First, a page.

Tech Startups Need Content Marketers From Outside Of The Tech Bubble

I love publishing content. Content marketing has been my favorite part of the various roles I’ve played as a business owner.

I’m in a unique position of being a serial entrepreneur who wishes to work for an employer in content marketing. This career change may sound crazy: Plenty of Americans dream of owning their own businesses. But, while being your own boss certainly has its perks, it can lead you away from the creativity you love and into the operations management you loathe. Steve Wozniak, who turned down a lucrative job as an Apple executive to work as an engineer, lamented this entrepreneurial paradox:

I never wanted to run a company, never wanted to run things. I just wanted to be in engineering.

Like the Woz, I tire of “running” businesses. I just want to concentrate on a steady stream of one type of work that I love and see myself doing indefinitely: publishing content. As such, I find myself a rare entrepreneurial job seeker.

Some prospective tech startup clients have overlooked my potential content marketing contributions because they don’t see the keyword “SaaS” in my list of publications. But that view is short-sighted: Many of them are looking to reach customers outside of SaaS.

Wouldn’t a successful content marketer for these companies be someone who can bridge the gap between their techspeak and the language that their customers speak? Consider this:

Many tech startups have readily admitted that they have trouble connecting with their target markets. According to a 2017 report by the Content Marketing Institute, tech startups cited “difficulty engaging target market” as their number one content marketing challenge. Interestingly, the startups cited target market engagement four times more than content marketing budget. In fact, most tech startups are flush with cash, with venture capitalists currently pumping tens of billions of dollars in the ecosystem every quarter.

Money isn’t the problem. What these startups are doing with the money is.

Many tech startups have a content marketing problem on the most basic of levels: They have difficulty communicating with their customers in their language. Beyond the esoteric tech speak, many startups’ liberal use of expletives and hyperbolic descriptions of themselves as “heroes” on their websites undoubtedly turn off a great number of potential customers. It’s one thing for tech startups to speak with other tech startups in their jargon. It’s another to use such language when attempting to earn business from established companies or the general public.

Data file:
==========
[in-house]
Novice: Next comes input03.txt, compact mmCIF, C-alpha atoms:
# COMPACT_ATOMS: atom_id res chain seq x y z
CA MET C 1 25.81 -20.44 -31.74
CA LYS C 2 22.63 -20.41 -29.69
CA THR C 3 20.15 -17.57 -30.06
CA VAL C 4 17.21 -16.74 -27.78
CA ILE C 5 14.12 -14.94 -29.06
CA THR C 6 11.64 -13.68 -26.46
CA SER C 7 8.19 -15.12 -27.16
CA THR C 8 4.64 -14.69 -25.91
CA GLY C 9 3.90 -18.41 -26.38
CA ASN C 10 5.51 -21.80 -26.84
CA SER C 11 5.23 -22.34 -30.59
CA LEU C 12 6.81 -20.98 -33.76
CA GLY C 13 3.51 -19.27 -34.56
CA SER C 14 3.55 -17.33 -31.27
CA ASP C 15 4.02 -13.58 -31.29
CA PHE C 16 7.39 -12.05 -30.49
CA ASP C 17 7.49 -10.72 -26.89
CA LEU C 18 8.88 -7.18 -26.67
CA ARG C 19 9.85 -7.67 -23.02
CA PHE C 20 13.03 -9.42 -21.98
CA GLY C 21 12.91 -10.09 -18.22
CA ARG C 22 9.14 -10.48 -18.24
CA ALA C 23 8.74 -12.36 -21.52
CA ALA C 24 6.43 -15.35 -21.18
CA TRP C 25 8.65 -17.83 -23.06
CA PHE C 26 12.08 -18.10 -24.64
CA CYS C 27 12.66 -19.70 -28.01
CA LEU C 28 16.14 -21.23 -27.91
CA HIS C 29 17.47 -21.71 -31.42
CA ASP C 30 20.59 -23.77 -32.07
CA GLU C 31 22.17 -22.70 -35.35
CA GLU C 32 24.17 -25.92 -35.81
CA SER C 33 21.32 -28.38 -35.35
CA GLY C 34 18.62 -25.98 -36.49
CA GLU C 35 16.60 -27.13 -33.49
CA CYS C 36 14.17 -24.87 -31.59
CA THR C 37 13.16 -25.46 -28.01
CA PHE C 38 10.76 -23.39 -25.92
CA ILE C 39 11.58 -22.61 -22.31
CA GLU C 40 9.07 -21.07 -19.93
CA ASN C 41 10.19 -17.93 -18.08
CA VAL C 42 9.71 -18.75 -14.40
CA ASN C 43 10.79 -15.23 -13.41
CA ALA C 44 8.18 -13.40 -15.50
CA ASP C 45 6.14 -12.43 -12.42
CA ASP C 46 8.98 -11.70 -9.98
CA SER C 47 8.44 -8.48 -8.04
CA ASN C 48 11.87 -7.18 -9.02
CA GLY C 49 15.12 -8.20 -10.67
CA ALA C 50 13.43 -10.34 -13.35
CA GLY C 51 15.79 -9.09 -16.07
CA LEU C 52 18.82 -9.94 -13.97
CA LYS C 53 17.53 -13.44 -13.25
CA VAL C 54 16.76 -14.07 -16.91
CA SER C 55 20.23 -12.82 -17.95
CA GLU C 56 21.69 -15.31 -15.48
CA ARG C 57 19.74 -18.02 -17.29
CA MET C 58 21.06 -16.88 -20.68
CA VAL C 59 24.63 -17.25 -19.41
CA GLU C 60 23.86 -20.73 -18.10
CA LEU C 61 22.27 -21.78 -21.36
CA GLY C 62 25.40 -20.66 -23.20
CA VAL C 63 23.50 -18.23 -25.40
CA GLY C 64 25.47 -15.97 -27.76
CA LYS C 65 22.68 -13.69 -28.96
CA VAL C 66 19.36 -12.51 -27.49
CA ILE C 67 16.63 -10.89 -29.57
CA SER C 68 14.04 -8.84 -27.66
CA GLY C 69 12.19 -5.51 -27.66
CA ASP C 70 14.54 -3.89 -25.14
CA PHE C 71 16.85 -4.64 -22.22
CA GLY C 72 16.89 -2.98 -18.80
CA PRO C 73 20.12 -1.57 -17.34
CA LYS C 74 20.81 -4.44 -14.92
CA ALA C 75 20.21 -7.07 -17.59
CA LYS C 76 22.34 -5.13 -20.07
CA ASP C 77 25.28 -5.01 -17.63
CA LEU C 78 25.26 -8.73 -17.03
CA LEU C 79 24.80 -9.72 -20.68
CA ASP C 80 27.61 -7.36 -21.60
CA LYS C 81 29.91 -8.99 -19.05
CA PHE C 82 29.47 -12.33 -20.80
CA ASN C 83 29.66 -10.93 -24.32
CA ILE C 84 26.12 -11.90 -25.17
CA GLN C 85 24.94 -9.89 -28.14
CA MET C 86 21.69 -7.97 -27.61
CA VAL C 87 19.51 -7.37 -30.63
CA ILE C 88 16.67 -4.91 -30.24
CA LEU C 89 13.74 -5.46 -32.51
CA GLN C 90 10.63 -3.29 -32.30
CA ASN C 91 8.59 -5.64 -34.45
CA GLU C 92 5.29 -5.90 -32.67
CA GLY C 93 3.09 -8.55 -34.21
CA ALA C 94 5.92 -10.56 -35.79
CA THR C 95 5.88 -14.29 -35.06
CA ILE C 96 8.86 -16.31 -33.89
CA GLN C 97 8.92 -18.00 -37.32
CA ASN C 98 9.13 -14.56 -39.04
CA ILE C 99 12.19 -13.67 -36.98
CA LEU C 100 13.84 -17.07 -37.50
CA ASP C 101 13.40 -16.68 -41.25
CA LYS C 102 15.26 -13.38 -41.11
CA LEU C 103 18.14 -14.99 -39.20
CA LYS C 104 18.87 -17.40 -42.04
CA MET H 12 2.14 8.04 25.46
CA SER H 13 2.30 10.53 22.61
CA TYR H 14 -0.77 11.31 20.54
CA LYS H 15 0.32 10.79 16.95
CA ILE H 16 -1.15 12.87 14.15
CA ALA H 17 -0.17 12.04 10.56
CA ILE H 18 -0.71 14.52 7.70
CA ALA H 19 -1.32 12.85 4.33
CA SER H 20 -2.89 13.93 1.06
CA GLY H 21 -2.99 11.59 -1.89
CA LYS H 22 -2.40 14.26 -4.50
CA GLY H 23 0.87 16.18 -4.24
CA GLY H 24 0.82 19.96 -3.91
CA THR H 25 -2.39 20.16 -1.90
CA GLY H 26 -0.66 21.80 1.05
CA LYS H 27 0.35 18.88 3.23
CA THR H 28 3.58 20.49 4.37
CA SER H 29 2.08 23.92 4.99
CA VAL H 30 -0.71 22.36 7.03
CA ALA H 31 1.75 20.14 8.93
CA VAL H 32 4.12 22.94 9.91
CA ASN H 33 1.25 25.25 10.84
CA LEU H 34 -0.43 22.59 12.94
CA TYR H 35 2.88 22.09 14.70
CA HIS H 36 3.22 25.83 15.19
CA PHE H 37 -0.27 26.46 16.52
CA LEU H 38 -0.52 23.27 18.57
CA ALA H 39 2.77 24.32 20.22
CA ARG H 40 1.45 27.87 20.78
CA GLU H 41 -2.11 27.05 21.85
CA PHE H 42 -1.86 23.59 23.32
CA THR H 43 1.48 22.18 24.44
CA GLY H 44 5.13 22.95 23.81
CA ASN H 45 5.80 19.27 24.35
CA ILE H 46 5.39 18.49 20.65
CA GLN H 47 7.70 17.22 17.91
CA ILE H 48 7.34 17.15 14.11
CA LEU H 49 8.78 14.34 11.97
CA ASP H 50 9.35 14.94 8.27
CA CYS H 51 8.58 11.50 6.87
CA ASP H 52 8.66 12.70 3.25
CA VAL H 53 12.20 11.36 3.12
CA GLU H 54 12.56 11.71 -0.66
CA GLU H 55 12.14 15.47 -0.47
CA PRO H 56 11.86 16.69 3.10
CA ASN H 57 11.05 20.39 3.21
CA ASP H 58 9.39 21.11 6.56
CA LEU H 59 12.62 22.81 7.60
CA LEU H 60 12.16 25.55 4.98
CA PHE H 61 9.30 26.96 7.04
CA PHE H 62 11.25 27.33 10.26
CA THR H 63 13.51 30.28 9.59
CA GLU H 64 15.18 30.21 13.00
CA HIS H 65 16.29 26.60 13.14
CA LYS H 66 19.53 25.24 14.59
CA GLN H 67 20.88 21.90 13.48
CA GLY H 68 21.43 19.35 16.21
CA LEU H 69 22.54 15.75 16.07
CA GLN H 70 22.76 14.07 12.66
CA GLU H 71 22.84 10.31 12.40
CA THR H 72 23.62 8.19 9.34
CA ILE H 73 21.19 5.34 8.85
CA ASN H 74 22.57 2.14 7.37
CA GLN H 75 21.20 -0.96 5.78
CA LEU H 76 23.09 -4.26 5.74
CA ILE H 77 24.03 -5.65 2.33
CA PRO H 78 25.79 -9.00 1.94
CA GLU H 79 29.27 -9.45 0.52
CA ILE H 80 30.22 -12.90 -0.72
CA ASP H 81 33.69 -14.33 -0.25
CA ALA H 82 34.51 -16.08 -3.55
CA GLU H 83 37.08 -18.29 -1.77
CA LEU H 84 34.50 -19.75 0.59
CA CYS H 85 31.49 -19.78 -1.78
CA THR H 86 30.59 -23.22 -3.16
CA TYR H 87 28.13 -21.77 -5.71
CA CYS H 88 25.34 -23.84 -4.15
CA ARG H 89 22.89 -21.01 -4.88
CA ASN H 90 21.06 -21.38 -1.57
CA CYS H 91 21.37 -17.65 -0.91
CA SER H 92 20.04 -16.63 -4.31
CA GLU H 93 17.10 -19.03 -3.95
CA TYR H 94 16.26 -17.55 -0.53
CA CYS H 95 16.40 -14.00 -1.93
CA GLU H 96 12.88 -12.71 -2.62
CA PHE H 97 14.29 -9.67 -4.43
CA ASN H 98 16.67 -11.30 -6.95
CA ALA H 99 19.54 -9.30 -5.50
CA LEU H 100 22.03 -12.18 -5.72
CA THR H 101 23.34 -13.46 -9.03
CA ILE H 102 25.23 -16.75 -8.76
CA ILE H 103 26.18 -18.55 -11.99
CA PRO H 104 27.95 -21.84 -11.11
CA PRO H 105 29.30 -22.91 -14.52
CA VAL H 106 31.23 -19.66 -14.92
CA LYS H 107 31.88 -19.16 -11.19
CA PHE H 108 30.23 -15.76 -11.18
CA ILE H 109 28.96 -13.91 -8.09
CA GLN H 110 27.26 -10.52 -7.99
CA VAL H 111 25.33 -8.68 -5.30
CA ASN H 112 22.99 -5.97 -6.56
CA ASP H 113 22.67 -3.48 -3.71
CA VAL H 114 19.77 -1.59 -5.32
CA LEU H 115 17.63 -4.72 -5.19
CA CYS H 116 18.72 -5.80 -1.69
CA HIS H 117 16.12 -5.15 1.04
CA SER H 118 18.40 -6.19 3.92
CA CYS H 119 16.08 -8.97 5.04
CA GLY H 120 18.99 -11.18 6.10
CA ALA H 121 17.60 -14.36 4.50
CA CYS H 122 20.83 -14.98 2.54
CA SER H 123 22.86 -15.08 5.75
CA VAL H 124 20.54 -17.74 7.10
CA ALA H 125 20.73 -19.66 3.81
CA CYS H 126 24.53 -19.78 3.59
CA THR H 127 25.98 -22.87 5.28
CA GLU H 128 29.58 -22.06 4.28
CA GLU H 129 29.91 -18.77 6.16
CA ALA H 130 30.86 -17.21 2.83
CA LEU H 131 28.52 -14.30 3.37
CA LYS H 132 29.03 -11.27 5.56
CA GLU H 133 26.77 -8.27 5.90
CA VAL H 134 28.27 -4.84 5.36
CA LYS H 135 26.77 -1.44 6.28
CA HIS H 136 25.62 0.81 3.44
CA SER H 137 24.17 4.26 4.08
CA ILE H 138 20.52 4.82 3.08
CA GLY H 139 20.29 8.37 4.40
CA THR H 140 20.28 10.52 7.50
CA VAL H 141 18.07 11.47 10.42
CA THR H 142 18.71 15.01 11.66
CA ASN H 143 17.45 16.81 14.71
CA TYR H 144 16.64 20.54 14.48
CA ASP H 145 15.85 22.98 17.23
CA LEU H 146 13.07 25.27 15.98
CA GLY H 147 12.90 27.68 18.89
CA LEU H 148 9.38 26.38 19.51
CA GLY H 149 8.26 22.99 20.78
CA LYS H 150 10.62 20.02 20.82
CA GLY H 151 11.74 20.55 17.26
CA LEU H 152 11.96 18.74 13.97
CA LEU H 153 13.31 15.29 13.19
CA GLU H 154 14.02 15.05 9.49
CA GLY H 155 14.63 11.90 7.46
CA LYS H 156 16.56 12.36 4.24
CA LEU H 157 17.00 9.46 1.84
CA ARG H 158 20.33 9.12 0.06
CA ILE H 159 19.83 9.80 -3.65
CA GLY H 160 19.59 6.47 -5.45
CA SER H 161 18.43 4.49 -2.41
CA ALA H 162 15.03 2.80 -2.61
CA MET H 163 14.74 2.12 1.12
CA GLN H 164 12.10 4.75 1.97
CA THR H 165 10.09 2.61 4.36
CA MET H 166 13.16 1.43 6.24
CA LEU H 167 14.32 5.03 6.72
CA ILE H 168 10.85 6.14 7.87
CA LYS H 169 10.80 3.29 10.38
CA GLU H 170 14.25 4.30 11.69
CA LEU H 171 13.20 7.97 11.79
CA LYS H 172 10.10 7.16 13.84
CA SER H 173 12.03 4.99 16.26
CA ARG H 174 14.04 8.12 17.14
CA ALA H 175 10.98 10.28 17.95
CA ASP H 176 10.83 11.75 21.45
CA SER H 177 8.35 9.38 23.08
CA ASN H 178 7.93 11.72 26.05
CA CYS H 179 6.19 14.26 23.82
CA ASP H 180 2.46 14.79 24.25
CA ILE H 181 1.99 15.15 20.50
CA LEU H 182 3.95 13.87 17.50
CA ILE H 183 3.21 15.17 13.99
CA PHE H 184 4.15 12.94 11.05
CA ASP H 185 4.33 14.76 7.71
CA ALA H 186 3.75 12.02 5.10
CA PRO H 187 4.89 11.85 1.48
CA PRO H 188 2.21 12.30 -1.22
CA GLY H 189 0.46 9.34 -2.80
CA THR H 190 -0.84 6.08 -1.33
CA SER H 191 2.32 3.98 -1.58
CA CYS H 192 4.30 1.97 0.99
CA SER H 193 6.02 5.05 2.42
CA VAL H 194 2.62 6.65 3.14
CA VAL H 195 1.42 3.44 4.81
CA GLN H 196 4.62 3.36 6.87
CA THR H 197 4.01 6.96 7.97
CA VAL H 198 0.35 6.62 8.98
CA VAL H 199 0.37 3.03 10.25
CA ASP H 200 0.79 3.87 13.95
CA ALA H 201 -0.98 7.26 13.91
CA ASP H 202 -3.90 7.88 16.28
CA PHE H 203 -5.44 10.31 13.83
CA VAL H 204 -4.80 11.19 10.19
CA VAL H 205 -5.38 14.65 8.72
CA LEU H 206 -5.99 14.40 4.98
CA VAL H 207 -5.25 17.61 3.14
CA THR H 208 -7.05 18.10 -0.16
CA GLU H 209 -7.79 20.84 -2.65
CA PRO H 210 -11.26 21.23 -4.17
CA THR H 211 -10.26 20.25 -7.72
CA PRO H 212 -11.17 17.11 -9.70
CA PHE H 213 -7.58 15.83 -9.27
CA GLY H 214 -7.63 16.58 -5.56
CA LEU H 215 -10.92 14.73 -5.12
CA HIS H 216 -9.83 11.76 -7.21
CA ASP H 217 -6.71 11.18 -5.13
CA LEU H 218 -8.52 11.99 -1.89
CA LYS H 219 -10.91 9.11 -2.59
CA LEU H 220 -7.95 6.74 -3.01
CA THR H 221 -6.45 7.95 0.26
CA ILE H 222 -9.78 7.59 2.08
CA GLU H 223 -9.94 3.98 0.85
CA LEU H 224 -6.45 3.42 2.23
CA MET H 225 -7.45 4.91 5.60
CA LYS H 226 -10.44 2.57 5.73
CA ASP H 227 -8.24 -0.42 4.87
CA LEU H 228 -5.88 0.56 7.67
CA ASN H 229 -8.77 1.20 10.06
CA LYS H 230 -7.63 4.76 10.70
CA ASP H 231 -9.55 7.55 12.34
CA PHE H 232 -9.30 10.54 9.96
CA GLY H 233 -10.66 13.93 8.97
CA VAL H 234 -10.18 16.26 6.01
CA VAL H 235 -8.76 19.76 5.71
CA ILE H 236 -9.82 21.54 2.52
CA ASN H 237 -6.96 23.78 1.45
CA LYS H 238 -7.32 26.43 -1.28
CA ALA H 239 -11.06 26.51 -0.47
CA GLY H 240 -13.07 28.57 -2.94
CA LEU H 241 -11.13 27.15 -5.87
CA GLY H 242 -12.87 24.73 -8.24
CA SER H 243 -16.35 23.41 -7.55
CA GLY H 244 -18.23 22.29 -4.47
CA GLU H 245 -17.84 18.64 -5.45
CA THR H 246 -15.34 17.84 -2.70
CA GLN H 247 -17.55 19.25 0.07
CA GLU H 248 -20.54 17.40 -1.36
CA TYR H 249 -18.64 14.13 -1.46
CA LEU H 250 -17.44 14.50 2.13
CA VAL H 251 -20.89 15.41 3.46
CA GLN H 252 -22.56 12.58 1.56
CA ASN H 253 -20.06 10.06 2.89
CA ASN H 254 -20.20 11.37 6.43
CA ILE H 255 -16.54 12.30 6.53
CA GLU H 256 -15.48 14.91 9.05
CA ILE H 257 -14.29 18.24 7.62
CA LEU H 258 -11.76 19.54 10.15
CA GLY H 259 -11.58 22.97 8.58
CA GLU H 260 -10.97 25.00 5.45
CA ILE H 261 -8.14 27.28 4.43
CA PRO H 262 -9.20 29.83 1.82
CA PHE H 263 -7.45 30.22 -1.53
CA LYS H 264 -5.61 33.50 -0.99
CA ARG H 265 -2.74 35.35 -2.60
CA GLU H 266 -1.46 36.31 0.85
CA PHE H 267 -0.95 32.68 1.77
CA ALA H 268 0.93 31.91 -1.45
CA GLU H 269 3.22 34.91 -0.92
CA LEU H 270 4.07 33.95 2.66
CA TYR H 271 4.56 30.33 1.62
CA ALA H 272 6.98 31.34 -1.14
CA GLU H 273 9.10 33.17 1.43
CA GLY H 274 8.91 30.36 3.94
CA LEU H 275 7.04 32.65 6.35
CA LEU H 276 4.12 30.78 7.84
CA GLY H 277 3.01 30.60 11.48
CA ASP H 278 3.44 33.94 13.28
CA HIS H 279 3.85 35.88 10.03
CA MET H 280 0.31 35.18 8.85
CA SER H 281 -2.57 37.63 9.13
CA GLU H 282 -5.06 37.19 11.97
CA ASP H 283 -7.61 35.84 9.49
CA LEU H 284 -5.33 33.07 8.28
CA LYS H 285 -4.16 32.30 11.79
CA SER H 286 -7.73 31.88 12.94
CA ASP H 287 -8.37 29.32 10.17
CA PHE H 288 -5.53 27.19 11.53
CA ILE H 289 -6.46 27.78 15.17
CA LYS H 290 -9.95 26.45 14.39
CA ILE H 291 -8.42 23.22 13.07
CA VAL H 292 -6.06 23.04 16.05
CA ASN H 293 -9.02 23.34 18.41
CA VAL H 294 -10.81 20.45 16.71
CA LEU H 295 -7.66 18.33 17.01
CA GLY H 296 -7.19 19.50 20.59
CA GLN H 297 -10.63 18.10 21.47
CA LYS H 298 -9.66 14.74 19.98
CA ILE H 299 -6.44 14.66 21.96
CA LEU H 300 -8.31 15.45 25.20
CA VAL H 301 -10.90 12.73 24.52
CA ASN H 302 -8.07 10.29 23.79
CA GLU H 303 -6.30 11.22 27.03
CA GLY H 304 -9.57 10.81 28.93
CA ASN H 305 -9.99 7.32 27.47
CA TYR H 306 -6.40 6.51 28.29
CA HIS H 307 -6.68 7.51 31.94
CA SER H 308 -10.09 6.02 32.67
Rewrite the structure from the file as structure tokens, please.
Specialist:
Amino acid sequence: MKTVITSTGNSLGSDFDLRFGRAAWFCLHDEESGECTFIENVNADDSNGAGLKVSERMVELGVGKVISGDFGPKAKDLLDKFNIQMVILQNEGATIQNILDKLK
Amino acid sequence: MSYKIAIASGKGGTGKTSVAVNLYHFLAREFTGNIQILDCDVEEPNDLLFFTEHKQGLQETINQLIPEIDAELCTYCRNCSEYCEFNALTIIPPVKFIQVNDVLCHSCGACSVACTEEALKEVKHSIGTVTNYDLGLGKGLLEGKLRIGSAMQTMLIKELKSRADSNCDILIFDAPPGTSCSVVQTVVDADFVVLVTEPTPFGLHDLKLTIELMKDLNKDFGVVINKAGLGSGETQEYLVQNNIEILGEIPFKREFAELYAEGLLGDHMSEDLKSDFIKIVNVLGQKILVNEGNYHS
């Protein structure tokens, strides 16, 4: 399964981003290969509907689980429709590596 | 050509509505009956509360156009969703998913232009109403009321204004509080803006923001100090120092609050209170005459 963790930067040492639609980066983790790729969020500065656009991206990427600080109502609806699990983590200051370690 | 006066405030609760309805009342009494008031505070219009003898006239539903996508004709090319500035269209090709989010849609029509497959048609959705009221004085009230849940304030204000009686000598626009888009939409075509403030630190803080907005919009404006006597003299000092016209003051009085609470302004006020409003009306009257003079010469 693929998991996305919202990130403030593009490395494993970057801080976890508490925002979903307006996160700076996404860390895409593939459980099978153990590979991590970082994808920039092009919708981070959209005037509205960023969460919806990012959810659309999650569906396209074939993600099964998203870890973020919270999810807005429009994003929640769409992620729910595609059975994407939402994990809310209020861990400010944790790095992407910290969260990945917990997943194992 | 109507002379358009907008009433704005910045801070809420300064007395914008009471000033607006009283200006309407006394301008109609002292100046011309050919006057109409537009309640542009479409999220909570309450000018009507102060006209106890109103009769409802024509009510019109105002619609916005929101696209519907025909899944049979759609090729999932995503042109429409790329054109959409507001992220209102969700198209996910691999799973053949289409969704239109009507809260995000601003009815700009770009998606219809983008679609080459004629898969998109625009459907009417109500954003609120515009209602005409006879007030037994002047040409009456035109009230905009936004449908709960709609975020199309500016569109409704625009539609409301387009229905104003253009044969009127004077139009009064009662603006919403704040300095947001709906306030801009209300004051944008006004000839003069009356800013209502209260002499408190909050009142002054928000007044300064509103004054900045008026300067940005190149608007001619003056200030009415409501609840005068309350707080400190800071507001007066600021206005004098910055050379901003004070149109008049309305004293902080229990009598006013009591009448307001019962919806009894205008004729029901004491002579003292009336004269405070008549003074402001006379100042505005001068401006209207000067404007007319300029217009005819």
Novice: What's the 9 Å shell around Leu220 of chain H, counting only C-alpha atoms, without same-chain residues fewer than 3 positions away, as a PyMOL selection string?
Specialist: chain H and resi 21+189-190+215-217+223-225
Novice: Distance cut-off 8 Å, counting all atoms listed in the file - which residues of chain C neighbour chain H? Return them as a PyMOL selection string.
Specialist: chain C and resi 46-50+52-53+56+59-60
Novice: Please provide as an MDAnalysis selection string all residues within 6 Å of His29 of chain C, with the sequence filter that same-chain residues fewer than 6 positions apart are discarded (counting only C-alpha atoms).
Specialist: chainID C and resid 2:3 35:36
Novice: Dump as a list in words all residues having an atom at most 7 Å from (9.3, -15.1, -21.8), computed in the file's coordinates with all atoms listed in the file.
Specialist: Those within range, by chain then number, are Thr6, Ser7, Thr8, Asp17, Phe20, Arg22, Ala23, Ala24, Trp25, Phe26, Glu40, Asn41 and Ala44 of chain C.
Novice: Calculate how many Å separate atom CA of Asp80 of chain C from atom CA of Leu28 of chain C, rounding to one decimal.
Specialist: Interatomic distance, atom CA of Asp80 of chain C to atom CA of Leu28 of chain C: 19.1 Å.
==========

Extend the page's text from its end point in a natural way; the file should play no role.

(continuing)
Seth Mason Content Marketer - Tech People Call Themselves Heroes
Do businesspeople outside of the tech bubble consider a coder a hero like MLK?

Using inappropriate language while citing difficulty engaging their target markets is an indicator of tech startups’ lack of business experience. And business experience is paramount to a company’s success. Two of the greatest tech entrepreneurs in American history realized this. Years before their IPO took Wall Street by storm, Google co-founders Sergey Brin and Larry Page hired seasoned businessman Eric Schmidt to serve as CEO because they needed “parental supervision”, as Brin put it. They needed someone to bridge the gap between their tech startup and their customers, who, and the time, were MOSTLY NON-TECH ENTREPRENEURS who spent money hand-over-fist for AdWords, like I did when I ran my Spanish-language newspaper and website. (I spent a ton of money on AdWords, but I also got handsome return for my efforts. It was a win-win for Google and me.)

Seth Mason Content Marketer - Google Speaks Small Business
Google made a lot of money off of this entrepreneur because they spoke his language.

Google hired someone with business experience outside of the tech startup ecosystem, and the rest is history. In this second tech bubble, the next Googles of the world will hire people with outside business experience. People who can bridge the gap between the tech services these startups provide and their non-SaaS customers.

Any content marketer worth his salt can understand the nuances of SaaS. Content marketers with business experience outside of the bubble, however, can excel at something many tech startups’ “purple squirrels” seem to have difficulty with: communicating with their customers from a business perspective.

Seth Mason is a bilingual English/Spanish serial entrepreneur and M.B.A. who loves content marketing and wants to help fellow entrepreneurs grow their businesses through it. You can view his CV here and contact him here.

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